KHN Morning Briefing

Summaries of health policy coverage from major news organizations

Viewpoints: Scarcity Of Dental Care; Surprise Budget Buster Awaiting States On Retiree Health Costs

The New York Times: Dental Insurance, But No Dentists
We know that too many Americans can't afford primary care and end up in the emergency room with asthma or heart failure. But in the debate over health care coverage, less attention has been paid to the fact that too many Americans also end up in the emergency room with severe tooth abscesses that keep them from eating or infections that can travel from decayed teeth to the brain and, if untreated, kill (Louis W. Sullivan, 4/8). 

Chicago Tribune: Surprise! You Owe Another $54 Billion
A second, often overlooked time bomb merrily ticking for governments nationwide is the cost of health insurance for all those retirees. That number, too, is hard to gauge, because health care costs -- like future investment returns -- are unknowable. Yet governments typically don't put aside money for future health care, as they do for future pensions. The culture is to pay-as-you-go (4/8).

Chicago Tribune: Saving Medicaid
Gov. Pat Quinn has called for $2.7 billion in Medicaid cuts in next year's budget. This week, the governor is likely to unveil the details of how he plans to make those cuts in the state's $14 billion Medicaid program. Along with pension reform, curbing the rising cost of Medicaid is essential to restoring the state's financial footing (4/9).

McClatchy/The Rock Hill Herald: S.C. Gov. Haley Got It Wrong On Contraception
(Gov. Nikki) Haley volunteered: "Women don't care about contraception. They care about jobs and the economy and raising their families ..." … (But) it's worth noting that if women care about jobs and raising their families, they're also likely to care about family planning. ... The unwillingness of Haley and other Republicans to acknowledge the importance of contraception to female voters and the failure to recognize their distaste for a host of state bills requiring unnecessary and often invasive medical procedures before qualifying to get an abortion have hurt the party (James Werrell, 4/8).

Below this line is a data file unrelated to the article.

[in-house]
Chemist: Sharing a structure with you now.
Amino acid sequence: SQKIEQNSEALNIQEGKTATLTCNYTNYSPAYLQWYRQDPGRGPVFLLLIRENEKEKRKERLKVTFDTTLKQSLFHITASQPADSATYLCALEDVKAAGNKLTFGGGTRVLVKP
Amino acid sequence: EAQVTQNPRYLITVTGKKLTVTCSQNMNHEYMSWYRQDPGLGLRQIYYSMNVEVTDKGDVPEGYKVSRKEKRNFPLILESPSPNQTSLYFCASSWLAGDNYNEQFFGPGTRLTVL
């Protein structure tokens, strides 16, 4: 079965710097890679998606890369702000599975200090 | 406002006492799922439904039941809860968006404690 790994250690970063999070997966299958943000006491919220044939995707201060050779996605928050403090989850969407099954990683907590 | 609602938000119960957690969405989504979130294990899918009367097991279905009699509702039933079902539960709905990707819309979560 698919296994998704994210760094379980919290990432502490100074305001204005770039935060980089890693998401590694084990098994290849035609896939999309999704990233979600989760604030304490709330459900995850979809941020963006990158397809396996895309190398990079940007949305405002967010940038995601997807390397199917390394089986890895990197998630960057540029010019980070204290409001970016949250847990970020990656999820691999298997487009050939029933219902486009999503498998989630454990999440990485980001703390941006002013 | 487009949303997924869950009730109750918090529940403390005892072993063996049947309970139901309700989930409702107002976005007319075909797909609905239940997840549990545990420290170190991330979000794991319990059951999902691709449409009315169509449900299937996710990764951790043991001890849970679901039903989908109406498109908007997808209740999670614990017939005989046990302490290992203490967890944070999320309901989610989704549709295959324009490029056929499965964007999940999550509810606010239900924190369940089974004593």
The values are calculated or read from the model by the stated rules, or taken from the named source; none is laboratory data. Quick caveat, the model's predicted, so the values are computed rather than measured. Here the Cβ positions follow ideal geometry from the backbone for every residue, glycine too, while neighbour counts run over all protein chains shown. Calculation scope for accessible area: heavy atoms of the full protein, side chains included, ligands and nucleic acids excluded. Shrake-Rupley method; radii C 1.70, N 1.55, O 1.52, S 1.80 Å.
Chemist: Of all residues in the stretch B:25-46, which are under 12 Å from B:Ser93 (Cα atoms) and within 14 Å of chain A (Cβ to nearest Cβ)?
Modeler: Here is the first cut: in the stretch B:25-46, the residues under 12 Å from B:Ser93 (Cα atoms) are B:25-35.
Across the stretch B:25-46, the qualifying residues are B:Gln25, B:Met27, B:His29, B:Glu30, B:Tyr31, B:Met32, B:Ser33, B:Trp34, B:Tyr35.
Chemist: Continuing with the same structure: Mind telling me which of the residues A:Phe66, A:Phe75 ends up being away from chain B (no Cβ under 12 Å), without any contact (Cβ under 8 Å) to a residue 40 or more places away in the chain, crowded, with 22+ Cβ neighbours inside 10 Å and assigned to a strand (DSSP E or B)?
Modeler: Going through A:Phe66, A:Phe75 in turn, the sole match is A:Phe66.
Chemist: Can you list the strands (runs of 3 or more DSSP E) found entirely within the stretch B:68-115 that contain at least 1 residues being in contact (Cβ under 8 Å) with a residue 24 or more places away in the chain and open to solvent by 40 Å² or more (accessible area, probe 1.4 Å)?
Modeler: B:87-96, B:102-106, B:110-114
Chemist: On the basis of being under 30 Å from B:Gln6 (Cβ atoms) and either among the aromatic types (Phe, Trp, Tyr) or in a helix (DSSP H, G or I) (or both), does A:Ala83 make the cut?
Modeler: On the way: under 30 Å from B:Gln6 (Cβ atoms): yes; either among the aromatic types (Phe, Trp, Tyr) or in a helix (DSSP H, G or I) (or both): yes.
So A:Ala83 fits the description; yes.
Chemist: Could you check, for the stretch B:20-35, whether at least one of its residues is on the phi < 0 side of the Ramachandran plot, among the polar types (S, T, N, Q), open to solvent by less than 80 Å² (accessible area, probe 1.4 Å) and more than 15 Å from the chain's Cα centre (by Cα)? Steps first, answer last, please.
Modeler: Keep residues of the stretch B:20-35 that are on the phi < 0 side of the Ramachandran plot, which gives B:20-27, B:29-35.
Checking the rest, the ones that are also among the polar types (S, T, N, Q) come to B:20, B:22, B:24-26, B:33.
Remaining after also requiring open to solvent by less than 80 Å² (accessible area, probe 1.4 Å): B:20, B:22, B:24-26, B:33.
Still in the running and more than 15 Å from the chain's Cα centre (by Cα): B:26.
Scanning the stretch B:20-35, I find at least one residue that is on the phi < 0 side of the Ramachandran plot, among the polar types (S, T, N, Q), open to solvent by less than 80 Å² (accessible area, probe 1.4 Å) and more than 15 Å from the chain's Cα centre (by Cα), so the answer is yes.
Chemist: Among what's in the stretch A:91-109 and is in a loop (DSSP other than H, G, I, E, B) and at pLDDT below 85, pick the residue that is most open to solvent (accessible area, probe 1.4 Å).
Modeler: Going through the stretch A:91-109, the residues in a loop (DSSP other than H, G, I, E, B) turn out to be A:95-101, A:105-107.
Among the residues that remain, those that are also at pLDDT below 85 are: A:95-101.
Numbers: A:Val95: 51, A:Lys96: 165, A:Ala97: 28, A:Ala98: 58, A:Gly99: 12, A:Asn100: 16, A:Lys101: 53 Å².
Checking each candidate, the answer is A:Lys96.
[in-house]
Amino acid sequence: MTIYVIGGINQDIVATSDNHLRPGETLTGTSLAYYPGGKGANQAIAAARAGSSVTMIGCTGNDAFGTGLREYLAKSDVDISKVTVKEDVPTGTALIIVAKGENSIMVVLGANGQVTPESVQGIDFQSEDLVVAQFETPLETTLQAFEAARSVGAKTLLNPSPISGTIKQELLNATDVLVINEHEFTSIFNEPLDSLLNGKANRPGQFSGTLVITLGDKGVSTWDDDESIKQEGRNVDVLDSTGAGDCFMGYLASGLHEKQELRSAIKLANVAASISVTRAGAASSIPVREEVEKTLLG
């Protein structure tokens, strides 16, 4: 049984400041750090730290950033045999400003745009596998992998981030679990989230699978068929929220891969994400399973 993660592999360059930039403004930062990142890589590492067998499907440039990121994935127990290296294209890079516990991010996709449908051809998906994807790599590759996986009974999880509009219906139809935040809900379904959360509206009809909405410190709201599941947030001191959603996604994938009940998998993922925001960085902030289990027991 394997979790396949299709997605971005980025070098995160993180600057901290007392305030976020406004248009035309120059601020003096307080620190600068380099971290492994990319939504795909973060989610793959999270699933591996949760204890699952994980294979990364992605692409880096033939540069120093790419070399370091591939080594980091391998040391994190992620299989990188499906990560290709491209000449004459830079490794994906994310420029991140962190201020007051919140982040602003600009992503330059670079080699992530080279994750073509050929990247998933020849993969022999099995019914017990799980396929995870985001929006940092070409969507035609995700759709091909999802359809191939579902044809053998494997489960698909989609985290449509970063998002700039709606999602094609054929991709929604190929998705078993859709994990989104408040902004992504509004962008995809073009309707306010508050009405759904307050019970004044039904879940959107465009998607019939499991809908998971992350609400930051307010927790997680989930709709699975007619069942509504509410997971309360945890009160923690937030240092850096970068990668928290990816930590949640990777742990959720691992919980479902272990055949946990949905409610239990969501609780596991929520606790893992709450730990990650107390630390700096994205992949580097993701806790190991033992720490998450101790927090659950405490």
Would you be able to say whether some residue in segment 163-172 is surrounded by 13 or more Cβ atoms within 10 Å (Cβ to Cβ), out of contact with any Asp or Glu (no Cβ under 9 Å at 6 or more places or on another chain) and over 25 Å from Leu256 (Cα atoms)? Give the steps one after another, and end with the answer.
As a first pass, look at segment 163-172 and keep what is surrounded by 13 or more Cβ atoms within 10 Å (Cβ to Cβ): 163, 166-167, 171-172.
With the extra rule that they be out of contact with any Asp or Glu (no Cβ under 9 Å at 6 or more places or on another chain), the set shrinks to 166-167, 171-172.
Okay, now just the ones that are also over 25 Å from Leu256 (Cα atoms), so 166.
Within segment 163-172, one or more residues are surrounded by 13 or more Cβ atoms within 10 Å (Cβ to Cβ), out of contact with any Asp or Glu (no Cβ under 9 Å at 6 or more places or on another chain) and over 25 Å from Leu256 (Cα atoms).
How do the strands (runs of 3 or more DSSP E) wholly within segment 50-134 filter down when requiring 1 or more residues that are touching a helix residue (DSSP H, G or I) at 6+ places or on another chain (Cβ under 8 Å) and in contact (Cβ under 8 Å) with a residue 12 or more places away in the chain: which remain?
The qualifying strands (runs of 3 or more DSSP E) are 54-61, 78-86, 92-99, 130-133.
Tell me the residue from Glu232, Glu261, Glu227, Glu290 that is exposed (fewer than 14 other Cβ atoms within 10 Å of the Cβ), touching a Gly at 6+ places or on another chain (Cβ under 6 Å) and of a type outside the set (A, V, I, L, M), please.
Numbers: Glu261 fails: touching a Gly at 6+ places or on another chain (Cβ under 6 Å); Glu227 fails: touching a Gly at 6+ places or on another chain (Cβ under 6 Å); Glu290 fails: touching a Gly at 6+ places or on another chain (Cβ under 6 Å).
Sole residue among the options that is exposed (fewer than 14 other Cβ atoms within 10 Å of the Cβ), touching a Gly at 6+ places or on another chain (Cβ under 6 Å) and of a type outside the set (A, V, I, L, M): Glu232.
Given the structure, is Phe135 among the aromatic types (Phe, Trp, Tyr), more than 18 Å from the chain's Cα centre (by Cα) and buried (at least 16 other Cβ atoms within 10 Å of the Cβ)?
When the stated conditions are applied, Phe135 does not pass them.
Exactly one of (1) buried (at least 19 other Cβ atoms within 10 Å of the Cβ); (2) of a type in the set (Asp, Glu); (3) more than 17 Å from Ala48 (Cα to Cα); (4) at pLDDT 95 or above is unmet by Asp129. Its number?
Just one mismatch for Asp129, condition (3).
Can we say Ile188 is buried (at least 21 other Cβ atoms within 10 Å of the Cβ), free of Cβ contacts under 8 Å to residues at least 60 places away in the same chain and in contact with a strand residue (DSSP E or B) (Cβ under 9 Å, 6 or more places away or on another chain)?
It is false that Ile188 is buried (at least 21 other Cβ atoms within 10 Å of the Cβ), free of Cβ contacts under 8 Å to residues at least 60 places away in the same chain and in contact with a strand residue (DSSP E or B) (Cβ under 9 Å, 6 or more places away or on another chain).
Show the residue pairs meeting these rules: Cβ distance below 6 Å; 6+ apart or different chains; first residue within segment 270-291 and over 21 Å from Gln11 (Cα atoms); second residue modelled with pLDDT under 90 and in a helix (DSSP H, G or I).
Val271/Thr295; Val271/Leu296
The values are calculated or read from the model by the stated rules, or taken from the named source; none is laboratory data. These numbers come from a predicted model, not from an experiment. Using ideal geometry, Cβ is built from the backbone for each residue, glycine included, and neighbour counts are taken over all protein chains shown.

Boston Globe: A Darwinian Campaign Season
The most pronounced signifier that emerged from the GOP free-for-all is birth control, and its contentiousness points right back to a lingering unease with, well, Charles Darwin. Abortion and gay marriage have long been hot-button issues, but when birth control tops the fight card, something odd is happening (James Carroll, 4/9).

The Atlanta Journal-Constitution: How Health Curves Affect Cost
If we are going to deal with the drivers of increasing health care costs, we need to decrease the number of people with expensive chronic health conditions. The U.S. has gotten away with its pay-for-failure strategy for many years because its economy was growing steadily and funds were available for rescue programs. But this kind of policy stance condemned many children to never reaching their biological, health and educational potential (Neal Halfon, 4/6).

Des Moines Register: Equitable Mental Health Care Is Key Concern For Legislature
For the last several years the concerns of mental health delivery have grown to a crisis level in Iowa, especially for those families trying to work their way through a challenging system of service delivery. ... Last year the Legislature provided the necessary funding to remove the wait lists for services, and started a massive reform effort of the mental health system so that Iowans can depend on consistent and equitable care -- and that the new system will result in no Iowan ever again waiting for delivery of mental health services. Legislators working on redesigning Iowa's mental health delivery system moved closer to completion last week as the House prepared to debate the redesign bill (Iowa state Rep. Scott Raecker, 4/7).

Detroit Free Press: Mental Care Shouldn't Be Police Work
As Michigan's mental health care system broke down over the past two decades, police officers, instead of mental health workers, became first responders to mentally ill people. When that happens, random stops and minor offenses can turn into prison or jail sentences (4/8).

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